Immerse yourself in country music's roots this weekend

J. H. Osborne • Updated Sep 20, 2019 at 12:55 PM

The 19th annual Bristol Rhythm & Roots Reunion begins today, and the Ken Burns eight-part documentary “Country Music” picks back up Sunday on PBS television. I’ve been enthralled with the first four nights of the latter (you can catch up on missed episodes online at pbs.org. Each episode is about two hours long. Burns film in its entirety traces the roots of country music from its beginnings to 1996. I’ve been especially entertained by the third and forth episodes — “The Hillbilly Shakespeare” (1945 – 1953), which highlights Hank Williams, and “I Can’t Stop Loving You” (1953 – 1963), which highlights Patsy Cline.

Although Williams had been dead nearly nine years when I was born in 1962, his songs — especially “Hey Good Lookin’ “ — bring back memories of childhood. As for Cline, who died before I turned one year old, “Walkin’ After Midnight” was my introduction to good, classic country when I was about 17 years old. My favorite Cline hit, of course, is “Sweet Dreams.” And I’ve long had her version of “Just a Closer Walk with Thee” on my funeral playlist.

I’m glad there’s a break from “Country Music” on PBS tonight and tomorrow night because I’m looking forward to Rhythm & Roots, which features scores of artists on 20 stages throughout downtown Bristol from this afternoon until Sunday evening. Headliners in this year’s lineup include: Wynonna and The Big Noise; St. Paul and The Broken Bones; Patty Griffin; Marty Stuart; and Sam Bush. For a complete list online, including a schedule  of each day’s performances and stage locations, visit www.birthplaceofcountrymusic.org and click on “festival.”

I love the music at Rhythm & Roots. But my favorite thing to do is people watch. 

What kind of music will you find at Rhythm & Roots? “The very best in Americana, classic country, folk-rock, country, bluegrass, old-time, Piedmont blues, Celtic and progressive Appalachian music. You gotta have roots,” according to the “frequently asked questions” section of the festival website.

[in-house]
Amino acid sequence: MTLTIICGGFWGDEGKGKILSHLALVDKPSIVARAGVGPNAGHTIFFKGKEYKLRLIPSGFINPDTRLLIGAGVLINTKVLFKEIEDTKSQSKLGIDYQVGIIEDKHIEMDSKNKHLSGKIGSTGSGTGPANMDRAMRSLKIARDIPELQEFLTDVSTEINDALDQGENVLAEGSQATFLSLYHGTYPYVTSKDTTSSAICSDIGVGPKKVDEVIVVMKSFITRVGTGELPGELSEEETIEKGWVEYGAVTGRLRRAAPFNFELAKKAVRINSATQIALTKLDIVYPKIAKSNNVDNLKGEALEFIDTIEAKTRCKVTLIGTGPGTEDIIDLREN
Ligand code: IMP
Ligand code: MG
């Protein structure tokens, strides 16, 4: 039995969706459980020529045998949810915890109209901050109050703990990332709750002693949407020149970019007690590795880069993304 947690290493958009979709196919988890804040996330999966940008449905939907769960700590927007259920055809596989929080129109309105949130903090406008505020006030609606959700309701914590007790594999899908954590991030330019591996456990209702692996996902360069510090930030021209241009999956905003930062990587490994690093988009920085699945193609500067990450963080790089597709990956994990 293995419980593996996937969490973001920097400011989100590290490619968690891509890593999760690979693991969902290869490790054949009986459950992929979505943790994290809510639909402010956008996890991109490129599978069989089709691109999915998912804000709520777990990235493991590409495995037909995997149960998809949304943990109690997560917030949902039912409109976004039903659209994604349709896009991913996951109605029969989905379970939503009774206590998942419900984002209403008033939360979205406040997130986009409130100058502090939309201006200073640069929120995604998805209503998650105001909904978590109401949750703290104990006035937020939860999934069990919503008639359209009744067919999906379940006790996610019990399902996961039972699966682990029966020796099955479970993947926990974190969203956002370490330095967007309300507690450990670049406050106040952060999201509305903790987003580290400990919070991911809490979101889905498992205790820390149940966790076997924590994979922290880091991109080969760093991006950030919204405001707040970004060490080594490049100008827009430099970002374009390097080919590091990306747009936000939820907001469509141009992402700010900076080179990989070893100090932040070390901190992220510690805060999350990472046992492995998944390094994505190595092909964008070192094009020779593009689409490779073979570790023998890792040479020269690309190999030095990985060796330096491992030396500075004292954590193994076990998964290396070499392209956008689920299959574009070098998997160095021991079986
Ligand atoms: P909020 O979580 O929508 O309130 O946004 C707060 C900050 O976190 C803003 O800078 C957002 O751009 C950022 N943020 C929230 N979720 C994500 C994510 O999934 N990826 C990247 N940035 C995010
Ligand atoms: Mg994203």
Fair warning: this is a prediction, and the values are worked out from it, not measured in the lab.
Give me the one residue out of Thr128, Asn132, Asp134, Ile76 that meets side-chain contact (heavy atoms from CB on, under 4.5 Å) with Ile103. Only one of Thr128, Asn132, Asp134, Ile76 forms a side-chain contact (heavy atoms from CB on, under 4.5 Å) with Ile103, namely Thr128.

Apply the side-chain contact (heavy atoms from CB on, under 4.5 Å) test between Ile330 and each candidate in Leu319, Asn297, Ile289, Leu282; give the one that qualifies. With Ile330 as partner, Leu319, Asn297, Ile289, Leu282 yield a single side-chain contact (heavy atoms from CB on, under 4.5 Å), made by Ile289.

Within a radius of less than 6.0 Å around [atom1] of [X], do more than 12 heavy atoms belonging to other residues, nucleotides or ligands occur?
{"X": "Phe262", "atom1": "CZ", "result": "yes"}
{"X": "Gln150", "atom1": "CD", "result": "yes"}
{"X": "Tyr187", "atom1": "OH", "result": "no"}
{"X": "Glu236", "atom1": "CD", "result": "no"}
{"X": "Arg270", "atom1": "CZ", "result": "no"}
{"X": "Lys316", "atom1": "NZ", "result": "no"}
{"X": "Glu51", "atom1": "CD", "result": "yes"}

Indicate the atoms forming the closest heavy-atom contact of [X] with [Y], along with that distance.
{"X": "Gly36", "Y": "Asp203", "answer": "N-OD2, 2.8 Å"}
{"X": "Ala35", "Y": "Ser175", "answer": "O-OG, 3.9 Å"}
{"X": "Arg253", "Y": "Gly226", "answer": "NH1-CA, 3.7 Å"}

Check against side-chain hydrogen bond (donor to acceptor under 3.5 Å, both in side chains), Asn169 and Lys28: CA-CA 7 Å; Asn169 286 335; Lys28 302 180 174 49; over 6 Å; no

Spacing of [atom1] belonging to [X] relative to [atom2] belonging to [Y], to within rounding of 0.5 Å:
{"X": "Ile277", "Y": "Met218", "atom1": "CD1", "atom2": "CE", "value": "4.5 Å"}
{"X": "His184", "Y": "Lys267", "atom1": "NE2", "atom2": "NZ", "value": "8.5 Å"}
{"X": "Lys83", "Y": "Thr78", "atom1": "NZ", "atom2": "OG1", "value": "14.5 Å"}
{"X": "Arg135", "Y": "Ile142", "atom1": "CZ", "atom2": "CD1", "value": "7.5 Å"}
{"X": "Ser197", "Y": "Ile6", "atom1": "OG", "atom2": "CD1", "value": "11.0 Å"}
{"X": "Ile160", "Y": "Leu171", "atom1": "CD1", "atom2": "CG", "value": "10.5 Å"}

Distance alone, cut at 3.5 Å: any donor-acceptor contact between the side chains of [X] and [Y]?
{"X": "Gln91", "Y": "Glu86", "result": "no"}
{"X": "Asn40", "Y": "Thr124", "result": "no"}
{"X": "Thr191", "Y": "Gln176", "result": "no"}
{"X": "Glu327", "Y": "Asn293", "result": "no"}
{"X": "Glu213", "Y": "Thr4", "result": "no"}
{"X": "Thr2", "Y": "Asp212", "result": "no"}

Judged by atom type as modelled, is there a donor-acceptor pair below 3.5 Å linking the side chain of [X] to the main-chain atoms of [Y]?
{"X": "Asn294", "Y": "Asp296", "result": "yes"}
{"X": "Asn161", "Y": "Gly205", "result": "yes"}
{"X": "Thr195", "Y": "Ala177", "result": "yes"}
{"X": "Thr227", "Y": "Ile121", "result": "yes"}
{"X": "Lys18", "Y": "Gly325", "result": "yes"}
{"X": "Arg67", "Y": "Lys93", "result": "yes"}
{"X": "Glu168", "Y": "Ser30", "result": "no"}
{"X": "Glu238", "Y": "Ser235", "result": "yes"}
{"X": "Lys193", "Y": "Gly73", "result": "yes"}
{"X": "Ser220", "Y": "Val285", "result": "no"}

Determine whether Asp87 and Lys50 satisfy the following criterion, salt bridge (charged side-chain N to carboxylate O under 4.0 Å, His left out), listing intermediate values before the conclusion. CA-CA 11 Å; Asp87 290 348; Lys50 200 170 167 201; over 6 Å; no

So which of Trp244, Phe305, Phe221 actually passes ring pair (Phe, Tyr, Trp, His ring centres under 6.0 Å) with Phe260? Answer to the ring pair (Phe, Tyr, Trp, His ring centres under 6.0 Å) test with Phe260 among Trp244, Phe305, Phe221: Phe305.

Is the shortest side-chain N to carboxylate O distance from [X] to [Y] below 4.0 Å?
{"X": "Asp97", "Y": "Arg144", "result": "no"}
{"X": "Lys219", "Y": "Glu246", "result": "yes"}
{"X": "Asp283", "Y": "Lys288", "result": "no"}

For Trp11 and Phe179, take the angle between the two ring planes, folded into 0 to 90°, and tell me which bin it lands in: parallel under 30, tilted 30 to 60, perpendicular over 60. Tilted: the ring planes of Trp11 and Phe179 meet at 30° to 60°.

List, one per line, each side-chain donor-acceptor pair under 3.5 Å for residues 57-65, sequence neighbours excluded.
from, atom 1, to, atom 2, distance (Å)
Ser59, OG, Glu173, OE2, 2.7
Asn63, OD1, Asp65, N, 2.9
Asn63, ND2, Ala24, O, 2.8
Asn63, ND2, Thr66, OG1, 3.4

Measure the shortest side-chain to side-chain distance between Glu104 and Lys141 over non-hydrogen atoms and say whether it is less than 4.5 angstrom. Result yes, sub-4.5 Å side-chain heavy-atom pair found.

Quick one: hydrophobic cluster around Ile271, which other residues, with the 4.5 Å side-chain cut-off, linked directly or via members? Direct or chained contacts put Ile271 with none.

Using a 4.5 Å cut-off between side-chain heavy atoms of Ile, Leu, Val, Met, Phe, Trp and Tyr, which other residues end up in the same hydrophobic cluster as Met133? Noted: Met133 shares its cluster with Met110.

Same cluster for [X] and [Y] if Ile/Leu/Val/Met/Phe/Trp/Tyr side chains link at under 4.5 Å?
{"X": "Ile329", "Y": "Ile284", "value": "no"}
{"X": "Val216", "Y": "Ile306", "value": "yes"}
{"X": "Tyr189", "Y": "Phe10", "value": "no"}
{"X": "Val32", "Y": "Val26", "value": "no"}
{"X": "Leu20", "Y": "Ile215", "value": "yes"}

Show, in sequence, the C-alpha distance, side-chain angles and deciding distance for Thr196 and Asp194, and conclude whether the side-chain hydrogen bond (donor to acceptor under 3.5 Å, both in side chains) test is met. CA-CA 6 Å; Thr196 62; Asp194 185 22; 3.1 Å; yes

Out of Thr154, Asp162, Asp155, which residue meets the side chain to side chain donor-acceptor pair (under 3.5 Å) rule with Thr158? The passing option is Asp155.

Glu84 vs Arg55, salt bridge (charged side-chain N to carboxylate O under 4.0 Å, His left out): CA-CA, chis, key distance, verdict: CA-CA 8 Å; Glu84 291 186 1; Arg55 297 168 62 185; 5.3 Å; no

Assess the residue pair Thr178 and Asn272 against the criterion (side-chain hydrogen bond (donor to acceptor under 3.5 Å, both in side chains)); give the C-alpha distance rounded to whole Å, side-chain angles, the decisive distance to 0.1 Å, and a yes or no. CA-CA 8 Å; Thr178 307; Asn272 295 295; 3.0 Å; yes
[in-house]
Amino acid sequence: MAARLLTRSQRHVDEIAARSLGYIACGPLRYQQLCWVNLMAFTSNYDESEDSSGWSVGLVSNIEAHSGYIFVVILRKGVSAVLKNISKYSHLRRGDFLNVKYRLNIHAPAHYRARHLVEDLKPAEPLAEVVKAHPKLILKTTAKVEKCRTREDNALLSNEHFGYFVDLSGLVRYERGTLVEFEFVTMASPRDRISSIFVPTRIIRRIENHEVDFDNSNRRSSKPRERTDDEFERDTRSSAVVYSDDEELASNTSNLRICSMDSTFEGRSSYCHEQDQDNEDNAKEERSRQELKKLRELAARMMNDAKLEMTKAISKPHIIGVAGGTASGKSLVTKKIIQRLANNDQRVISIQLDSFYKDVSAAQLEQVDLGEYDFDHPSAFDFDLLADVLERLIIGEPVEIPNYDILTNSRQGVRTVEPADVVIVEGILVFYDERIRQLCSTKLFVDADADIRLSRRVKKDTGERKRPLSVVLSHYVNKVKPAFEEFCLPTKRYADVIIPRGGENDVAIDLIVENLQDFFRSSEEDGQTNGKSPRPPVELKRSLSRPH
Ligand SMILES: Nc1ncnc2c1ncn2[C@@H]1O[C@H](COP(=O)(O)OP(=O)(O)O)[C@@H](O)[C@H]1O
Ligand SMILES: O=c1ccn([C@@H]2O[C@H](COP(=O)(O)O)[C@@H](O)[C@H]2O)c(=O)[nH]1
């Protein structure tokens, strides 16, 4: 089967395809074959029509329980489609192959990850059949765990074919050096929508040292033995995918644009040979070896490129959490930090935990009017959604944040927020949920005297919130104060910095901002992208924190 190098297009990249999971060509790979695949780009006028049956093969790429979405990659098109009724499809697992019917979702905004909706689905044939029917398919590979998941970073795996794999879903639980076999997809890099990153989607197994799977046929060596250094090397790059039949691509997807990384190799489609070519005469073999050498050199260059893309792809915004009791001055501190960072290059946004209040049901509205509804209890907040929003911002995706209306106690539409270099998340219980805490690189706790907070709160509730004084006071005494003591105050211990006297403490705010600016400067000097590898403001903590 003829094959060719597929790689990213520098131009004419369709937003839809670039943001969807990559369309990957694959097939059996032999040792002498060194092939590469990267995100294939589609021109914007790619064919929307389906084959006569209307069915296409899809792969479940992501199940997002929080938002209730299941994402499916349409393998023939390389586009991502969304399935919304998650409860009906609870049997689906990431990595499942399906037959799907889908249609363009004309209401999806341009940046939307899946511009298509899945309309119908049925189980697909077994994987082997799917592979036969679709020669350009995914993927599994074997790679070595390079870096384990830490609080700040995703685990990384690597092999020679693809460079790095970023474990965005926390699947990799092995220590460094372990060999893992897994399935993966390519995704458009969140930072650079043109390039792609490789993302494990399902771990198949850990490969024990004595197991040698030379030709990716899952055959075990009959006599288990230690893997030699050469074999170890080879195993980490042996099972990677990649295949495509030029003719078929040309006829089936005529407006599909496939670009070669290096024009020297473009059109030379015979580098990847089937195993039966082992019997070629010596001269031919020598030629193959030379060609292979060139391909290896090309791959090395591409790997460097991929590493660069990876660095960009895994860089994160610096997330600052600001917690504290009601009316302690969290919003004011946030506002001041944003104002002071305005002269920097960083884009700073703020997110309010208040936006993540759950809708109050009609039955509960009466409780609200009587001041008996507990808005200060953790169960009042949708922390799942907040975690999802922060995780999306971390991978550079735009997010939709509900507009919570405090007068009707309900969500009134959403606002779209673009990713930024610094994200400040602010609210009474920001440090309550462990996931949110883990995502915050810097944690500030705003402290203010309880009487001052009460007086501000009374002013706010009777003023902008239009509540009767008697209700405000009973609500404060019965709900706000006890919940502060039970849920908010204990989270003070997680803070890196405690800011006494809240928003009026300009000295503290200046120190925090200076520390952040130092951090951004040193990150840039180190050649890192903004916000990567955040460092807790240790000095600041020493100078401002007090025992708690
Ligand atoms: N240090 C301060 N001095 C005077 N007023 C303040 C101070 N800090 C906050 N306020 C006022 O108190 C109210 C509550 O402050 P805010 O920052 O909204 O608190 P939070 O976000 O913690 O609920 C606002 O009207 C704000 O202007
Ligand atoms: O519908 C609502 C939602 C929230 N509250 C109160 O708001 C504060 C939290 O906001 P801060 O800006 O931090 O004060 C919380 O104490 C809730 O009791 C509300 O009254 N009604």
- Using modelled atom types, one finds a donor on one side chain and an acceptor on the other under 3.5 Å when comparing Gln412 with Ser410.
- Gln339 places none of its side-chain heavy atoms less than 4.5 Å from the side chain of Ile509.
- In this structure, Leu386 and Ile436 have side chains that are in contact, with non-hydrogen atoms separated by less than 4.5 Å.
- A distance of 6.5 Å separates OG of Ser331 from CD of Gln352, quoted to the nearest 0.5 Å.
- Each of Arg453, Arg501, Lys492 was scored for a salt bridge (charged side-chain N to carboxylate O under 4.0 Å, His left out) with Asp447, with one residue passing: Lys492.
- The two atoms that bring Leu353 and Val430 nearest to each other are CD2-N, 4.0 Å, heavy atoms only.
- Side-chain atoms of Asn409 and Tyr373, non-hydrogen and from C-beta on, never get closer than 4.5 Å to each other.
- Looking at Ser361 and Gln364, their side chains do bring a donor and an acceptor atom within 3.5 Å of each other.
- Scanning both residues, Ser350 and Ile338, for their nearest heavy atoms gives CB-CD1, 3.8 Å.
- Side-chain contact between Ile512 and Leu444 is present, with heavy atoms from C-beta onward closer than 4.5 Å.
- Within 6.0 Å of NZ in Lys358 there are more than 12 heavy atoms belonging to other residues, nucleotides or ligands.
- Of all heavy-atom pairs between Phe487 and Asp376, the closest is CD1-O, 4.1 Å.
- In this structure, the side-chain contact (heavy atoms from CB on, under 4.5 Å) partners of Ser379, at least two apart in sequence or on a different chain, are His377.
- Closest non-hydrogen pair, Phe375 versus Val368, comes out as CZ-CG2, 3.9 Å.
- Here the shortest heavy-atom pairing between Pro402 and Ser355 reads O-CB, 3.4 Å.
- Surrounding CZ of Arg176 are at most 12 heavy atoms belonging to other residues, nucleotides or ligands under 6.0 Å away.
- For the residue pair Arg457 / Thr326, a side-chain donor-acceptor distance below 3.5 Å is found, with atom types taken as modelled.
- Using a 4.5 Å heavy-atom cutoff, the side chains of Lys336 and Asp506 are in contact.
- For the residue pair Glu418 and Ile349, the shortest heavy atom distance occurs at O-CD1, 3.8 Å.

Also from that list:

Q: Where exactly is it?

A: Bristol Rhythm happens on the 400 through 800 blocks of State Street, on Cumberland Square Park, and Anderson Park in Historic Downtown Bristol between Martin Luther King Boulevard and Commonwealth Avenue/Volunteer Parkway. We shut down the streets and fill it with music all weekend long!

Q: What time do festival gates open each day?

A: Friday, 1 p.m; Saturday, 9 a.m.; Sunday, 10 a.m. 

Q: Where can I purchase passes to Bristol Rhythm?

A: On the website, at The Museum Store at Birthplace of Country Music Museum, and at the festival gates. Bristol, Virginia admission tax and processing fee applies to all walk-up sales.

Q: Can I buy a Weekend Pass on Saturday of the festival?

A: No. Friday of the festival is the last day to purchase Weekend Passes. You must purchase a Single Day pass at the gate on Saturday and Sunday if you have not purchased a Weekend Pass before Saturday.


Gate price for a three-day weekend pass is $125, including taxes and fees. Daily ticket prices are: Friday, $50; Saturday $70; and Sunday, $45.

Q: Do kids get in free?

A: Children 12 and under are welcome at no cost.

Gate price for a three-day weekend pass is $125, including taxes and fees. Daily ticket prices are: Friday, $50; Saturday $70; and Sunday, $45.


Space is limited in downtown and multiple organizations offer paid parking lots in the area, with various rates and largely on a first-come basis. There’s also a shuttle service ($15 lets you ride all weekend) that runs between several hotels and from the Bristol Mall parking lot.

Shuttle Times

Friday 3 p.m. to 1 a.m. 

Saturday 10 a.m. to 1 a.m. 

Sunday 10 a.m. to 8 p.m.

Sunday’s episode of “Country Music” on PBS is “The Sons and Daughters of America (1964-1968),” and the promo describes it thus: “Country music artists like Loretta Lynn, Merle Haggard and Charley Pride reflect a changing America as they appeal to wide audiences.”




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